But Scholz also defended overtime spending. Without it, he said, county residents would see diminished service. The department must have a set number of firefighters per engine, ladder truck and ambulance.

"Obviously it's not acceptable for us to put a piece of equipment out of service," he said.

Firefighter overtime nationwide has grown since Sept. 11, 2001, said Mark Light, the deputy executive director of the International Association of Fire Chiefs in Fairfax, Va. He said it is common for departments to use overtime to meet minimum staffing requirements and to pay it to lieutenants and captains, but some departments rely heavily on overtime.

"Can a department sustain that in the long run - a five- or 10-year period - or do you end up with an issue where people say, 'Hey, the overtime is available, but my time is more valuable than the money.'"


Anne Arundel union officials said part of the county's problem is a misuse of the overtime budget. The Fire Department turned to overtime last year when it expanded into an old warehouse in Millersville. Simonds said he had no choice after county staff turned down his request for capital funding for the project.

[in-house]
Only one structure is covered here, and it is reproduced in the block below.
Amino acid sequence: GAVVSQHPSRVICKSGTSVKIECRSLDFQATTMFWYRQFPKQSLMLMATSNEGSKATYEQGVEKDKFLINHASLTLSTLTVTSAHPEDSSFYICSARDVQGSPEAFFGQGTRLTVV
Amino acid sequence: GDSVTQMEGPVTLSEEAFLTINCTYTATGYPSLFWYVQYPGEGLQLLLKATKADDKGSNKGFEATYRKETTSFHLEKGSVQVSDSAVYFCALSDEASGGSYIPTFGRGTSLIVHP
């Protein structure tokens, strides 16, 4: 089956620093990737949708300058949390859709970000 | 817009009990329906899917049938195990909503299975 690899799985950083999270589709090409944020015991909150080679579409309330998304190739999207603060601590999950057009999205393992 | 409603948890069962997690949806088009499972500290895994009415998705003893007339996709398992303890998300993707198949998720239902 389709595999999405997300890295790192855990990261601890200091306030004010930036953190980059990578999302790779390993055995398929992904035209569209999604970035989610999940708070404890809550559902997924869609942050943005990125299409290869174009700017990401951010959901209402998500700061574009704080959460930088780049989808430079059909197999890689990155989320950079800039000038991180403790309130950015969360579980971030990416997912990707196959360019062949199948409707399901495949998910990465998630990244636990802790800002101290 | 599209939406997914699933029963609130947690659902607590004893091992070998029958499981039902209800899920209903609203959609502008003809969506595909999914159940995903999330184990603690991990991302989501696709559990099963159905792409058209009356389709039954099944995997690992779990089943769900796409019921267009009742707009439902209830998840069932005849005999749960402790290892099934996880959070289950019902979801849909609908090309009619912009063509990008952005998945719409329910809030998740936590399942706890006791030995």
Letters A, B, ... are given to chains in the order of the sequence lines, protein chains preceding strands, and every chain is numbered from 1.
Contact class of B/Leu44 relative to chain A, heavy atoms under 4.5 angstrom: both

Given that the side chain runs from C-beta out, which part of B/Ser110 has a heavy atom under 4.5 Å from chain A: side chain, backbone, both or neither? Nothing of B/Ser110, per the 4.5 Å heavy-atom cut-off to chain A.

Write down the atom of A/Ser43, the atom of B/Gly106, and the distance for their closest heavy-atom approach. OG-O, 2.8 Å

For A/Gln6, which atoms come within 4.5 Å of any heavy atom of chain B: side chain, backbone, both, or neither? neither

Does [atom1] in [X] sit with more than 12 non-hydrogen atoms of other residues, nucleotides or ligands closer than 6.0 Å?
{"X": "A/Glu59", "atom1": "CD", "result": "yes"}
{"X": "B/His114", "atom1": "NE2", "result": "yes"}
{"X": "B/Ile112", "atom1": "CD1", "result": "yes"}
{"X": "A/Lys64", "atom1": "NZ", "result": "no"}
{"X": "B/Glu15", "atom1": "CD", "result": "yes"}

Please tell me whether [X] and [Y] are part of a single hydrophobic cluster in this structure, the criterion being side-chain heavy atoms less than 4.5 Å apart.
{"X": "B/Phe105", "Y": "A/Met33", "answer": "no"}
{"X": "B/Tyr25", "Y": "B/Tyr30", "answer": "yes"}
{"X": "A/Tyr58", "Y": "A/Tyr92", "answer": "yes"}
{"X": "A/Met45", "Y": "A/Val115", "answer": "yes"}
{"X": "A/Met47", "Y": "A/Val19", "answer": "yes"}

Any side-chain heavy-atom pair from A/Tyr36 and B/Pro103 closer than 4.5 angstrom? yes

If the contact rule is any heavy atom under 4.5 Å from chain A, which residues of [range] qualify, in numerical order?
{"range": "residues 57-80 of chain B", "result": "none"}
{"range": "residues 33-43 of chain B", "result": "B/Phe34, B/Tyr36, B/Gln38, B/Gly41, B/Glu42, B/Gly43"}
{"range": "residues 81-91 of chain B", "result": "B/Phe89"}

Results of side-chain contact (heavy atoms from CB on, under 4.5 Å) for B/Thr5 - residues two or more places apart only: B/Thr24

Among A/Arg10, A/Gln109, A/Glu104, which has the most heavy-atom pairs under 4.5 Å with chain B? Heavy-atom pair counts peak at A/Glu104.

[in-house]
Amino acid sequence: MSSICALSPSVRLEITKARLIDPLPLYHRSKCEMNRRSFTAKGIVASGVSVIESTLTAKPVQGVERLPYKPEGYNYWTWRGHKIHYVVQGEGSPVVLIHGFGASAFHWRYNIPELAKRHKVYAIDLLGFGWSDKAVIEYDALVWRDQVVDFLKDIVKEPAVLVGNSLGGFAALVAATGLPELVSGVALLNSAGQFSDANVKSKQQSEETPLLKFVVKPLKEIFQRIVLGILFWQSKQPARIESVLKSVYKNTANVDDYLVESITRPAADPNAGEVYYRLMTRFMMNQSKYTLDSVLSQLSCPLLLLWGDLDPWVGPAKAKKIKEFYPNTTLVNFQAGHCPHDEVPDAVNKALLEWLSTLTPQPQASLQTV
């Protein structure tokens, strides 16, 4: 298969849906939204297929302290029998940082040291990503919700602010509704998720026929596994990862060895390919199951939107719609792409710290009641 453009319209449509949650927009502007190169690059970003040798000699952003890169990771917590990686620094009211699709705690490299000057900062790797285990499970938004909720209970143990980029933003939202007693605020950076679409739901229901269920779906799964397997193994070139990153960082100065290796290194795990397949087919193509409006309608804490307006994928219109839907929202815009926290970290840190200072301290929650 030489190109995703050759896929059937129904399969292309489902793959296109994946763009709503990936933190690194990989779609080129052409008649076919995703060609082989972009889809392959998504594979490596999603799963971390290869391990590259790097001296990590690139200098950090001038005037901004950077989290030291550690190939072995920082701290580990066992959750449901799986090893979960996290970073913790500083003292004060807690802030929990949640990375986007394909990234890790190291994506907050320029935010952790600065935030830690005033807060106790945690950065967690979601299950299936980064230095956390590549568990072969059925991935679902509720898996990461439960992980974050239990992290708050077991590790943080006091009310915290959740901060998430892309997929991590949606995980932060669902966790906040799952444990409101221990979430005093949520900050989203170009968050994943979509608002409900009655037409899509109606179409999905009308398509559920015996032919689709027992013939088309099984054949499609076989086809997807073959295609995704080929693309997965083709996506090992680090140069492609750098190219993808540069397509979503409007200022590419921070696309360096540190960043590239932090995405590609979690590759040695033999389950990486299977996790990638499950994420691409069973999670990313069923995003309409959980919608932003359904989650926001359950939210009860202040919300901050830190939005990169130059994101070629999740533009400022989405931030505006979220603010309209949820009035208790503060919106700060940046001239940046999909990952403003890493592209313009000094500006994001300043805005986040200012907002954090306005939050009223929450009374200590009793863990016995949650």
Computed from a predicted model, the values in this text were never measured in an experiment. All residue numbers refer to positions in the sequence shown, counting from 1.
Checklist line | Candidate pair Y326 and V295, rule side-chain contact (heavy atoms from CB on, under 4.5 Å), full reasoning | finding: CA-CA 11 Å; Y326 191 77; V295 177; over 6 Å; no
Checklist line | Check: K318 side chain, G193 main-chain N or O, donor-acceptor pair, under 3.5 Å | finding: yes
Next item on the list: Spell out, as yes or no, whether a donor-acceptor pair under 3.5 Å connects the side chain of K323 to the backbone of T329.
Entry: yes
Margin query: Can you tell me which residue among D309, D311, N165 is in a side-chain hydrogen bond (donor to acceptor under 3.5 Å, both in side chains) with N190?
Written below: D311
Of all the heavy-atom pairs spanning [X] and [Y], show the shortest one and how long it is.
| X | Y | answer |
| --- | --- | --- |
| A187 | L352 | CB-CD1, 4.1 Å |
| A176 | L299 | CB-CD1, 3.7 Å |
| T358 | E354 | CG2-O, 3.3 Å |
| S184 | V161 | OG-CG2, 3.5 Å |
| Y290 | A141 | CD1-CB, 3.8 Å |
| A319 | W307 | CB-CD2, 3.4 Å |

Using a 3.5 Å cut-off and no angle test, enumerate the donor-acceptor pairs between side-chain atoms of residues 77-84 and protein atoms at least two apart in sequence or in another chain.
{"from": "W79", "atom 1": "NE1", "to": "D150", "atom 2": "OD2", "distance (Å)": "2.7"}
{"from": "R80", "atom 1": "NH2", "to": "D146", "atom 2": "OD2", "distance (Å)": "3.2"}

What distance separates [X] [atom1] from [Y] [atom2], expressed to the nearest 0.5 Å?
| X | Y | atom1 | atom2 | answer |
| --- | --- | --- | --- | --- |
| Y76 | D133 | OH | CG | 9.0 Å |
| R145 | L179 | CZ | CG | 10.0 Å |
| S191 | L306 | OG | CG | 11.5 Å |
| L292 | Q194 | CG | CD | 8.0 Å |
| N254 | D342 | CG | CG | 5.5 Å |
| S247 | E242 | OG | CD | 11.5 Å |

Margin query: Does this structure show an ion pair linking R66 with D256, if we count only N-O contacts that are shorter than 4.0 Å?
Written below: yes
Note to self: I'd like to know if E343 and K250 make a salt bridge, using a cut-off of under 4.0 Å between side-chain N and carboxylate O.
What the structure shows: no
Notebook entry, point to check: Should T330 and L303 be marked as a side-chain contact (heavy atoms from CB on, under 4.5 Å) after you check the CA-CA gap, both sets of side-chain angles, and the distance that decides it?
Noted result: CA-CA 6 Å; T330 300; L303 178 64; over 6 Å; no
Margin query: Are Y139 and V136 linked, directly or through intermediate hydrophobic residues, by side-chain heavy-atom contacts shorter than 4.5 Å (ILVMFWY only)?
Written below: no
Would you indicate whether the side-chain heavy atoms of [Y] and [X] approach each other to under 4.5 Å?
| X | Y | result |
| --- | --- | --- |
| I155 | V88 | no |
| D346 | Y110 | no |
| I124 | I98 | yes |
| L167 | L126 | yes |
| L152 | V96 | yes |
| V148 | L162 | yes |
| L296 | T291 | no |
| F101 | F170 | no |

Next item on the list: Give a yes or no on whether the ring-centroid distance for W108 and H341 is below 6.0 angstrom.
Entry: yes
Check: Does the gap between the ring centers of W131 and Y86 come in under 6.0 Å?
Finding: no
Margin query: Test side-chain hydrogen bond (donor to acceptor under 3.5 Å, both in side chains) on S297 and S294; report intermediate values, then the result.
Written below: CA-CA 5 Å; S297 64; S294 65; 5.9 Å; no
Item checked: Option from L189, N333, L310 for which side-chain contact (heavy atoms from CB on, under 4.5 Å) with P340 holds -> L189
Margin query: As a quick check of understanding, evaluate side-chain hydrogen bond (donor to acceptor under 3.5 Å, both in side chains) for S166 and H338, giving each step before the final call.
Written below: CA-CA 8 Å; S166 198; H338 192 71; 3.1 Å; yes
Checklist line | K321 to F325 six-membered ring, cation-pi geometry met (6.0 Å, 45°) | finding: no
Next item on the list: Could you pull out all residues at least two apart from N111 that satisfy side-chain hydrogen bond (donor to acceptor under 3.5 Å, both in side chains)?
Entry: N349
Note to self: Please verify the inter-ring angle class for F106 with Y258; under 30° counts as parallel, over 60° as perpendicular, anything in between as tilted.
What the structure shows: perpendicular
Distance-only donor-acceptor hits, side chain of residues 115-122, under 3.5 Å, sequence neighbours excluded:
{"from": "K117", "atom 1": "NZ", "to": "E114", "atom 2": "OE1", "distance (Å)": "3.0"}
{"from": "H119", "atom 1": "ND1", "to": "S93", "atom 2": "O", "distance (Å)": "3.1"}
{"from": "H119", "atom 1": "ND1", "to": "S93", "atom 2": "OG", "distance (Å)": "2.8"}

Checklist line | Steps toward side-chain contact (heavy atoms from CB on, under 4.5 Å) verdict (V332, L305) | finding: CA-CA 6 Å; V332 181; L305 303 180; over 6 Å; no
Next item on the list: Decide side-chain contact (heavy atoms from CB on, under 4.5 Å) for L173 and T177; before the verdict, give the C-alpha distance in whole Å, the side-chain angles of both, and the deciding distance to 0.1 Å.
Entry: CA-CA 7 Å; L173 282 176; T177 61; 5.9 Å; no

At least three firefighters and one fire captain worked evenings and weekends for nearly a year on the warehouse project, hanging drywall and building framework. The warehouse is now used for fire offices, equipment storage and training.

"The union took exception to firefighters having to do this," union official Dietz said.

Scholz said the department did not calculate how much overtime was paid to employees who worked on the warehouse. Simonds, however, said the county "got huge returns" for what was spent.

"The overtime budget is there to help fulfill the mission of the fire department," Scholz said. "It was a good use of personnel, and it was a good use of money. ... This is the only way we could get this project completed."